Menswear

The Black Suit Mistake

No man should wear a black suit, really. There are very few occasions and occupations where a black suit can actually be exquisite. Doing time as a chauffeur, a Secret Service agent, a security guard, a pallbearer, or a gangster in a Tarantino film come to mind. Other exceptions might be men who travel in music, fashion, or art world circles. But for everybody else? Black is whack.

And yet black is the color that occurs to many men who are in the market for a suit. I recently got a note from a reader looking for a black suit. He noted that he understood navy or charcoal would be better, but the occasion was his brother’s wedding. The groom wanted his party in black, and, on his big day, what the groom says goes. (Or maybe it was the bride who dictated the unfortunate color mandate.) Regardless, my reader needed to buy a new suit that he might only have occasion to wear this once and, perhaps, for a future job interview at the Department of Homeland Security.

Even these guys appear to be wearing something other than pure black. It looks more like a deep charcoal.

Aside from the Tarantino influence, I can only guess why black has become such a go-to for the pursuit of suit. One possibility might be that many men perceive dark navy or midnight blue as black. At a less than careful glance, dark navy or deep charcoal suits can look black, particularly at night or in dark lighting, giving the uninitiated observer the impression that black is the way to go.

With the exception of formalwear, black is tricky. It’s a severe color, the most extreme on the spectrum. It just doesn’t look good on many men, particularly those with a pale palour of light hair and skin. Black just washes them out, often creating an effect that ranges from sick or weak to evil or villainous.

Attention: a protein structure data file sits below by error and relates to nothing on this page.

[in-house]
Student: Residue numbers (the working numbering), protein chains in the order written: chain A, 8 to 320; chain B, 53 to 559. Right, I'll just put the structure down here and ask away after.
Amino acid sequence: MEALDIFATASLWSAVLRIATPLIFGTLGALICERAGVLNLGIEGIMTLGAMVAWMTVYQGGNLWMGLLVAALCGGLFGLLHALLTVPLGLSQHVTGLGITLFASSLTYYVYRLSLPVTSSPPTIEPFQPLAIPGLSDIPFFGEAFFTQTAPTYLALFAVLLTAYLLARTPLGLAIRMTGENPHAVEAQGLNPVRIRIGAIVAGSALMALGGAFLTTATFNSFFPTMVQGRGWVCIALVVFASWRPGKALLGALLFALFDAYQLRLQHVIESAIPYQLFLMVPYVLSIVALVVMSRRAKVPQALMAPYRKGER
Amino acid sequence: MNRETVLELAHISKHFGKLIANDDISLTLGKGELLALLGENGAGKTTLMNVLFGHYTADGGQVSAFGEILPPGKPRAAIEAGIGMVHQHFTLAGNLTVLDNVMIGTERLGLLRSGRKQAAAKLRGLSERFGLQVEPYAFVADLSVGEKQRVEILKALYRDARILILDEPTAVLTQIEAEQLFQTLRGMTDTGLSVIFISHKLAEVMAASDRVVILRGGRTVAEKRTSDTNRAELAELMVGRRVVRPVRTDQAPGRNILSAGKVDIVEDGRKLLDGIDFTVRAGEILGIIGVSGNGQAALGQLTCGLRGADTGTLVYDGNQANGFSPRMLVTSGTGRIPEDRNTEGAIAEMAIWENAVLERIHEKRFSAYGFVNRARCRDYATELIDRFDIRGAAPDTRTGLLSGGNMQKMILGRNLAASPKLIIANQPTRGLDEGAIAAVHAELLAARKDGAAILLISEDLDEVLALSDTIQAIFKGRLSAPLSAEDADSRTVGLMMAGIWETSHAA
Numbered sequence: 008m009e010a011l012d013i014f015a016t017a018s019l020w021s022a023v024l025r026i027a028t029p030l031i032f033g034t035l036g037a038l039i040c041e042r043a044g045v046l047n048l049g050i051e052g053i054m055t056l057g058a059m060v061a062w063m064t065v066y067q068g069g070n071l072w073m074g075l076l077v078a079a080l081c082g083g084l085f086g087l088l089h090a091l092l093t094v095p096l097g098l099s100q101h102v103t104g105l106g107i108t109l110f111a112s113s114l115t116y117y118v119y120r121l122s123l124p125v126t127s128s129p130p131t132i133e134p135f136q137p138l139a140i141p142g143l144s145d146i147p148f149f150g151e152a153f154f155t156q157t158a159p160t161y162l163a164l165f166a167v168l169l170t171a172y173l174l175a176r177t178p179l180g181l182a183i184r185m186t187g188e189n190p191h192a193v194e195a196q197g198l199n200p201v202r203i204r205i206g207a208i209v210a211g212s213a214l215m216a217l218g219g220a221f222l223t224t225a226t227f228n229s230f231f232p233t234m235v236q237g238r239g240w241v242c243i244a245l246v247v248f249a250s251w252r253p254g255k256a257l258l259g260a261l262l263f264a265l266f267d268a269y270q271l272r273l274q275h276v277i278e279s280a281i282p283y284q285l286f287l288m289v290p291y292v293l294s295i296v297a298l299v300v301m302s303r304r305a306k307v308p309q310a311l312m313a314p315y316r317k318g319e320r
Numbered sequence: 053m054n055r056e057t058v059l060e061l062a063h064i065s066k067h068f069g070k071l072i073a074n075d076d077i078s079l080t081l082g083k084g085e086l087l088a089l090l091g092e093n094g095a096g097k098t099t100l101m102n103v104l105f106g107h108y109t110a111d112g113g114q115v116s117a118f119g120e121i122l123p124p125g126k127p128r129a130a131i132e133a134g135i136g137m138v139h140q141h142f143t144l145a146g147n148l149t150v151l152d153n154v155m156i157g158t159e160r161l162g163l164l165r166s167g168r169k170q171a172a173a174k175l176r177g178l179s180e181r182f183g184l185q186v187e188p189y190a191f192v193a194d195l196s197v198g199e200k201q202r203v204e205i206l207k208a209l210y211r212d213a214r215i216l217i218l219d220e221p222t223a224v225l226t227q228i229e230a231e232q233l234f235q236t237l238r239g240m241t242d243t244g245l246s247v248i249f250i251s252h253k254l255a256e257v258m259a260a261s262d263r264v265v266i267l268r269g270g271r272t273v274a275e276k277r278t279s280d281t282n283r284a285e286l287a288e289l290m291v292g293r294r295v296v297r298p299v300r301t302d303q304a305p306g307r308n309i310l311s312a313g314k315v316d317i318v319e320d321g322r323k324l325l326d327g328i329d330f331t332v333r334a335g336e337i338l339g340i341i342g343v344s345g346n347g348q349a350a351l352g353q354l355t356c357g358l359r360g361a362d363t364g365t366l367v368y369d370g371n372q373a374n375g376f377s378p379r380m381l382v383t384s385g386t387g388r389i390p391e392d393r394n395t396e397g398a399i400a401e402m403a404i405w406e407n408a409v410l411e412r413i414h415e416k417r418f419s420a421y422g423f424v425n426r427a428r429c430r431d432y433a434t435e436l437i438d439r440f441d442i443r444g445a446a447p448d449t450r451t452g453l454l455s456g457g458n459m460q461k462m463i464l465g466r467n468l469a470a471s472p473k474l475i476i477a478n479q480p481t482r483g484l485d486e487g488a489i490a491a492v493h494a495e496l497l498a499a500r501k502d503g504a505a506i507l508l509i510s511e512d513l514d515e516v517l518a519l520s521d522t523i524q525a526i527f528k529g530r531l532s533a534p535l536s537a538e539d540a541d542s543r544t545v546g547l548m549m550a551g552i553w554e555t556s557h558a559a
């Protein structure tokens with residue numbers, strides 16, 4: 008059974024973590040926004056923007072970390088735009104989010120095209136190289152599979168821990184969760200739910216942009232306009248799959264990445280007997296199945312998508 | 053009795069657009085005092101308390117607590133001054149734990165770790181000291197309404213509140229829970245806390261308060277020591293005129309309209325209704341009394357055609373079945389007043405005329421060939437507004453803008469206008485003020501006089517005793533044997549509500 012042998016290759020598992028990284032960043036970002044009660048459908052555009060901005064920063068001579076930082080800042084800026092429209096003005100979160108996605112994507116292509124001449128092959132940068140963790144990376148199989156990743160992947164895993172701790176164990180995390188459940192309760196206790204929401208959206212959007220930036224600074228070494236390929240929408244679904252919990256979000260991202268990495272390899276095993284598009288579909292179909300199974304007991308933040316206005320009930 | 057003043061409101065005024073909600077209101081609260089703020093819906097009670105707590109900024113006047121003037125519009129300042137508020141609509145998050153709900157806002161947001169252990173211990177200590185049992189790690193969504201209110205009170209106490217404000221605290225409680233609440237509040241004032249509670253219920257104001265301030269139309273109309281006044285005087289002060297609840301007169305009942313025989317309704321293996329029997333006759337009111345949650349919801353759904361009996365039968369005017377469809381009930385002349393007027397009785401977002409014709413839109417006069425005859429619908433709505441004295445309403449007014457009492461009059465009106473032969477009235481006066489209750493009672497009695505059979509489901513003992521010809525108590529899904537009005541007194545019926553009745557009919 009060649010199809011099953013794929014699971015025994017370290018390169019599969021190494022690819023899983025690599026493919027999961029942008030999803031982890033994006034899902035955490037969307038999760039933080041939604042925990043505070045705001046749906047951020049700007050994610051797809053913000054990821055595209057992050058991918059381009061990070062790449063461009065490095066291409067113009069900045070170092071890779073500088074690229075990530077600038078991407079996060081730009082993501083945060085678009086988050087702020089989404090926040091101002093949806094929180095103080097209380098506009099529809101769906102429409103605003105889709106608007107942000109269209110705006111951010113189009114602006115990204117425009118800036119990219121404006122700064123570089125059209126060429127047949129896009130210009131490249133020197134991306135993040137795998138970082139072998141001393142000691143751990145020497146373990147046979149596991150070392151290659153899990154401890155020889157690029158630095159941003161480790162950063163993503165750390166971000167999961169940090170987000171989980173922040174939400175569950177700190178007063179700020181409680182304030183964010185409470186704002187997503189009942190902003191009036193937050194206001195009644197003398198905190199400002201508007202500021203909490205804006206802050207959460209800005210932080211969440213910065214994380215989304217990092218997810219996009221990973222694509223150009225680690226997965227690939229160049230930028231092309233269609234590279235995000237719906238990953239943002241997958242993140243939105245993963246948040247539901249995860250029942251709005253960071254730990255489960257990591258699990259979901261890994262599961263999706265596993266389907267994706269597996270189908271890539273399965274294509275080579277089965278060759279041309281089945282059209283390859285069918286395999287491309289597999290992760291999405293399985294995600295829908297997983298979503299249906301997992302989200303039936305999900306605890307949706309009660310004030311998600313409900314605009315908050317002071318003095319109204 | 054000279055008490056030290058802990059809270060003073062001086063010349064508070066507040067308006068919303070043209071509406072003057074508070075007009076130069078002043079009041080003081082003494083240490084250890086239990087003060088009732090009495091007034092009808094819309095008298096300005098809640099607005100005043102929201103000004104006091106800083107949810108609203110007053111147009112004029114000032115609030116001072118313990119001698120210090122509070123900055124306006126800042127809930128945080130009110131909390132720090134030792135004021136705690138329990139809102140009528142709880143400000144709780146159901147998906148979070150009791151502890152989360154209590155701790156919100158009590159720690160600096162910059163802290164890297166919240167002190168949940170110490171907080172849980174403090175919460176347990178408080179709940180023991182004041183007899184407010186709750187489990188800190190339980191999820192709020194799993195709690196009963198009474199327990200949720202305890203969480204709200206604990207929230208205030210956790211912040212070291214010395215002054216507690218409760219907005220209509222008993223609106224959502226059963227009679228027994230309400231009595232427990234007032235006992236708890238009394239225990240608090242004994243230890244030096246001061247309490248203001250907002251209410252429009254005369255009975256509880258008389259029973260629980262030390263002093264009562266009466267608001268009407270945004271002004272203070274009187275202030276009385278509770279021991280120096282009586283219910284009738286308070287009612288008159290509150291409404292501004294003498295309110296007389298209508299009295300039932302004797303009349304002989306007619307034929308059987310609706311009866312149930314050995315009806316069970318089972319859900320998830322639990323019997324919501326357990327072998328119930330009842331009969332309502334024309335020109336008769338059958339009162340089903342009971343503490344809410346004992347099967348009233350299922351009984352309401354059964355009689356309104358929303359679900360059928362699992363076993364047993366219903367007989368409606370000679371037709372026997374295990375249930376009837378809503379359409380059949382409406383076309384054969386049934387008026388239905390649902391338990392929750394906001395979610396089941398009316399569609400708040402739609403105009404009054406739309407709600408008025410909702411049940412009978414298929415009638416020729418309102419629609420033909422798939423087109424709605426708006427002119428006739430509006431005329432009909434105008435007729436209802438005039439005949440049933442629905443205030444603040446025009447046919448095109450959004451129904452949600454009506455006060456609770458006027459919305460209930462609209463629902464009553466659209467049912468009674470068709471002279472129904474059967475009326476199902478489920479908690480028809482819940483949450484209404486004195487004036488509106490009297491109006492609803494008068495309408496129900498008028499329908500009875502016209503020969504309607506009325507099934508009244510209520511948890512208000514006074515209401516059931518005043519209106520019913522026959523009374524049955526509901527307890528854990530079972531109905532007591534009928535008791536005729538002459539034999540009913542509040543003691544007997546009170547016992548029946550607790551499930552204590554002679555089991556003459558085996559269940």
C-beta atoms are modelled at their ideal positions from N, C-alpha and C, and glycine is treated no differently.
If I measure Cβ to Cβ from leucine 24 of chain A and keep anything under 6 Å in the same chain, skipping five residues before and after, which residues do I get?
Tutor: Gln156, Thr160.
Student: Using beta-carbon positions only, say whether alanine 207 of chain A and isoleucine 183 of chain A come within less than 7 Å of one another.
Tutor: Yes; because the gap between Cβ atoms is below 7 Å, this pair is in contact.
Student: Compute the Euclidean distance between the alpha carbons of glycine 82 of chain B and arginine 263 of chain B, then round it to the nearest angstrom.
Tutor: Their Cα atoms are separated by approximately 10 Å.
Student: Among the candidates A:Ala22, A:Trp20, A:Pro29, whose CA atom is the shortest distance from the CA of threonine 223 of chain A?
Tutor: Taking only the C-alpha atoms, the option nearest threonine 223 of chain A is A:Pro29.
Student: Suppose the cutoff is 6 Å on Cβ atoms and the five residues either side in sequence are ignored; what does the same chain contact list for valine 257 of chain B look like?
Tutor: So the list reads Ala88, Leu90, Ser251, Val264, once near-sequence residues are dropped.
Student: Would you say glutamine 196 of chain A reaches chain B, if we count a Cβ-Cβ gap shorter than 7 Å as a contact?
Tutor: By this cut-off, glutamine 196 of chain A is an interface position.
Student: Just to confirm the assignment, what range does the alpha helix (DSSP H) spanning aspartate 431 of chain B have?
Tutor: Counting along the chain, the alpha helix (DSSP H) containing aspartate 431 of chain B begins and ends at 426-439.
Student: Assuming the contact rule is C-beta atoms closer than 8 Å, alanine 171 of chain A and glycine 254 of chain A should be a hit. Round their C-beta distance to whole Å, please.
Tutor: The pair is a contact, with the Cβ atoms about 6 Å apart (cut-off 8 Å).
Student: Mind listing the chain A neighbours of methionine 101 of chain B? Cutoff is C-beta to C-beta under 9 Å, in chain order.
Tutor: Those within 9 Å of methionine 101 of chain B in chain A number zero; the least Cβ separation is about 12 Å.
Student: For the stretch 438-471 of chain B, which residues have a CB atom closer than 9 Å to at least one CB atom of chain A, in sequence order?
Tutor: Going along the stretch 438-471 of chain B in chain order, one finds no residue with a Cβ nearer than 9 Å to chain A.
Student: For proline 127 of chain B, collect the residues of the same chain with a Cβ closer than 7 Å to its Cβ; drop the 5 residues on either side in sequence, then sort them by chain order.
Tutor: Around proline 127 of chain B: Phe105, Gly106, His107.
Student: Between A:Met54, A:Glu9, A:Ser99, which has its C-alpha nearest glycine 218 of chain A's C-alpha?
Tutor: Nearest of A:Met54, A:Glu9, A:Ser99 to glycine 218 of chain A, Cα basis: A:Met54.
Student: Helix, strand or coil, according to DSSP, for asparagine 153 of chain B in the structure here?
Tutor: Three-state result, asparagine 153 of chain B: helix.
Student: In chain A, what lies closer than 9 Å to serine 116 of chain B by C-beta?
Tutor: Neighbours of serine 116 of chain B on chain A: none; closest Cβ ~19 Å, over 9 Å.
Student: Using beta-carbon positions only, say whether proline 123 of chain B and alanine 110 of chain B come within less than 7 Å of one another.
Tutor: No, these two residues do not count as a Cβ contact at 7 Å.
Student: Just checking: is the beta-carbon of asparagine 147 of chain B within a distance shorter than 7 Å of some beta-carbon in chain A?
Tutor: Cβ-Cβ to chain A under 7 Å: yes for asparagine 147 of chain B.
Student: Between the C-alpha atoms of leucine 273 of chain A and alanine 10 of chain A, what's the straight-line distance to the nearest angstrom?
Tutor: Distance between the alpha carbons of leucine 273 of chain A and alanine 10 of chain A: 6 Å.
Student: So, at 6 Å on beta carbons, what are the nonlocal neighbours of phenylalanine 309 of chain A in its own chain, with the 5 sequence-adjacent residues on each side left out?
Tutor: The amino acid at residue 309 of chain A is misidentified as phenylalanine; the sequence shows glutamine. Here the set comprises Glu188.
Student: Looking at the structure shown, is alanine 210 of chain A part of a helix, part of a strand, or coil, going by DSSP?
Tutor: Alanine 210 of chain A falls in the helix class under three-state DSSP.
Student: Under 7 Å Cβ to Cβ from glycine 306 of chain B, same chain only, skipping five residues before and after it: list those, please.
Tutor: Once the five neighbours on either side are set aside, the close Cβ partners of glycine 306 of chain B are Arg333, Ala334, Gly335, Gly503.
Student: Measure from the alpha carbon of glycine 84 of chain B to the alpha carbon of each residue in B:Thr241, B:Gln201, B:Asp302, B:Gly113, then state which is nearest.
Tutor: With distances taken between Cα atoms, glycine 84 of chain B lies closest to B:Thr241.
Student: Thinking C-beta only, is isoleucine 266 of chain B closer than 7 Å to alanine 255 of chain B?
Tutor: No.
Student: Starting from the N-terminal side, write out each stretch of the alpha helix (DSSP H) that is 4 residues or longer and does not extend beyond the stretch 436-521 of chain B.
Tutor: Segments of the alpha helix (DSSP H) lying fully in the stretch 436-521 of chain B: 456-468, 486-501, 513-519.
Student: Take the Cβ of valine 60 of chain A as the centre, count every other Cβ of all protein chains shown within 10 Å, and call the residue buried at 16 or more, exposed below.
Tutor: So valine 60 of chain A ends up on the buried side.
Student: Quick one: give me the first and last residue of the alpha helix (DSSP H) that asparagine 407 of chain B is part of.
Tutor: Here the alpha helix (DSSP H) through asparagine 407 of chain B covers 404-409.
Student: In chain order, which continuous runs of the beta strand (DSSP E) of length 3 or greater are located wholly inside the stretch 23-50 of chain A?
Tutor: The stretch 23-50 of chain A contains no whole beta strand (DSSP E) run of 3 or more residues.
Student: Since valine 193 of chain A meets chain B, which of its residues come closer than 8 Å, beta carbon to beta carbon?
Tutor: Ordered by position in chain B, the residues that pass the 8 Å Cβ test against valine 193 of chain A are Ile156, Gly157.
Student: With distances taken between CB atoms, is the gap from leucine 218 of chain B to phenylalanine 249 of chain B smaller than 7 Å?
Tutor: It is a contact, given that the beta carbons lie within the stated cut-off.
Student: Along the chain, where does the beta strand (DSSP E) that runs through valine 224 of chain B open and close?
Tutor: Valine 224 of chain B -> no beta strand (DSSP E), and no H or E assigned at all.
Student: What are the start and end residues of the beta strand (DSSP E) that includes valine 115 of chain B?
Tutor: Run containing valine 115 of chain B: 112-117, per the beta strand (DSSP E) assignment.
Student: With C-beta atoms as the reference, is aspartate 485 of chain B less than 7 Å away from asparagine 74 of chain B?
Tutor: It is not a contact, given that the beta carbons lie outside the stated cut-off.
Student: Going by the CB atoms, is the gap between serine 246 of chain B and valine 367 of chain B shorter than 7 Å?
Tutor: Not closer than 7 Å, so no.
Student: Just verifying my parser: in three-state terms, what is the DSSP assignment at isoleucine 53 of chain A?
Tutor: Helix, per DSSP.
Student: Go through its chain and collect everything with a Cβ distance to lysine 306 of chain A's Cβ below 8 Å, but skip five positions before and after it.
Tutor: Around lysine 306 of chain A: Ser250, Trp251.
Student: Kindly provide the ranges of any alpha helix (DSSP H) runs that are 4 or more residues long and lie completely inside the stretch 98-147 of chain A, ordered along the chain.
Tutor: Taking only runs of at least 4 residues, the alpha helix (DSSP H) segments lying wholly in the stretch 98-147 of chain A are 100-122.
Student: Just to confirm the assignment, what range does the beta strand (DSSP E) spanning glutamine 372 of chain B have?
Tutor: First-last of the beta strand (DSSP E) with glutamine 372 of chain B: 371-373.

At a quick glance, Daniel Craig’s suit looks black. It’s actually navy, giving a subtle pop of color where pure black would be a total absence of it.

Tom Ford has made a personal uniform out of the black suit. But Tom has a darker palette with higher contrast to his dark hair, dark eyebrows and dark beard growth and medium skin tone. If Tom had pale blond coloring, it wouldn’t work at all. And there’s the other thing: He’s Tom Ford; we’re not.

As I’ve written before, if you’re shopping for your first suit or your only suit, go with navy. Charcoal is okay, but navy, unlike charcoal, has a pop of actual color. If you already have an arsenal of different suits and you’re looking for something specifically for funerals or art shows, then treat yourself to a black one. Otherwise, leave the black to the likes of Vincent Vega and Jules Winnfield.

4 Comments

  1. John Skibbe Reply

    George,
    I really enjoy all your observations and they are correct. With the passing of Mr. Lagerfeld our traditions will be even harder to uphold and defend – maybe they are lost already. As our social and personal connections become less capable of differentiating between formal and informal; business and casual; family, friends and those outside these these definitions where do we go. What is the occasion; who am I with; and how should respectively respond. Maybe nobody cares anymore. But we can’t all view the world through the lens of what is comfortable, convenient and has no appreciation for the moment. Dressing should get back to the notion that you respect the person you are with or the situation you are within by how you dress. I hope that isn’t irrevocably lost. Continue to be the standard bearer. I will support you.

  2. I once bought a black suit, when I was in my early thirties. It was a big mistake for all the reasons you write. It looked awful and awkward. I wore it fewer than a handful of times and then it languished in my closet unworn until I relegated it to my “what was I thinking” pile and donated it to a local thrift store. I wear suits to the office most days, still, and agree that a navy suit is the most versatile and appropriate for anyone looking for a “go to” suit to buy.

  3. I enjoy reading your blog. Just FYI, Secret Service Agents do not wear black suits, especially not on the President’s Detail.

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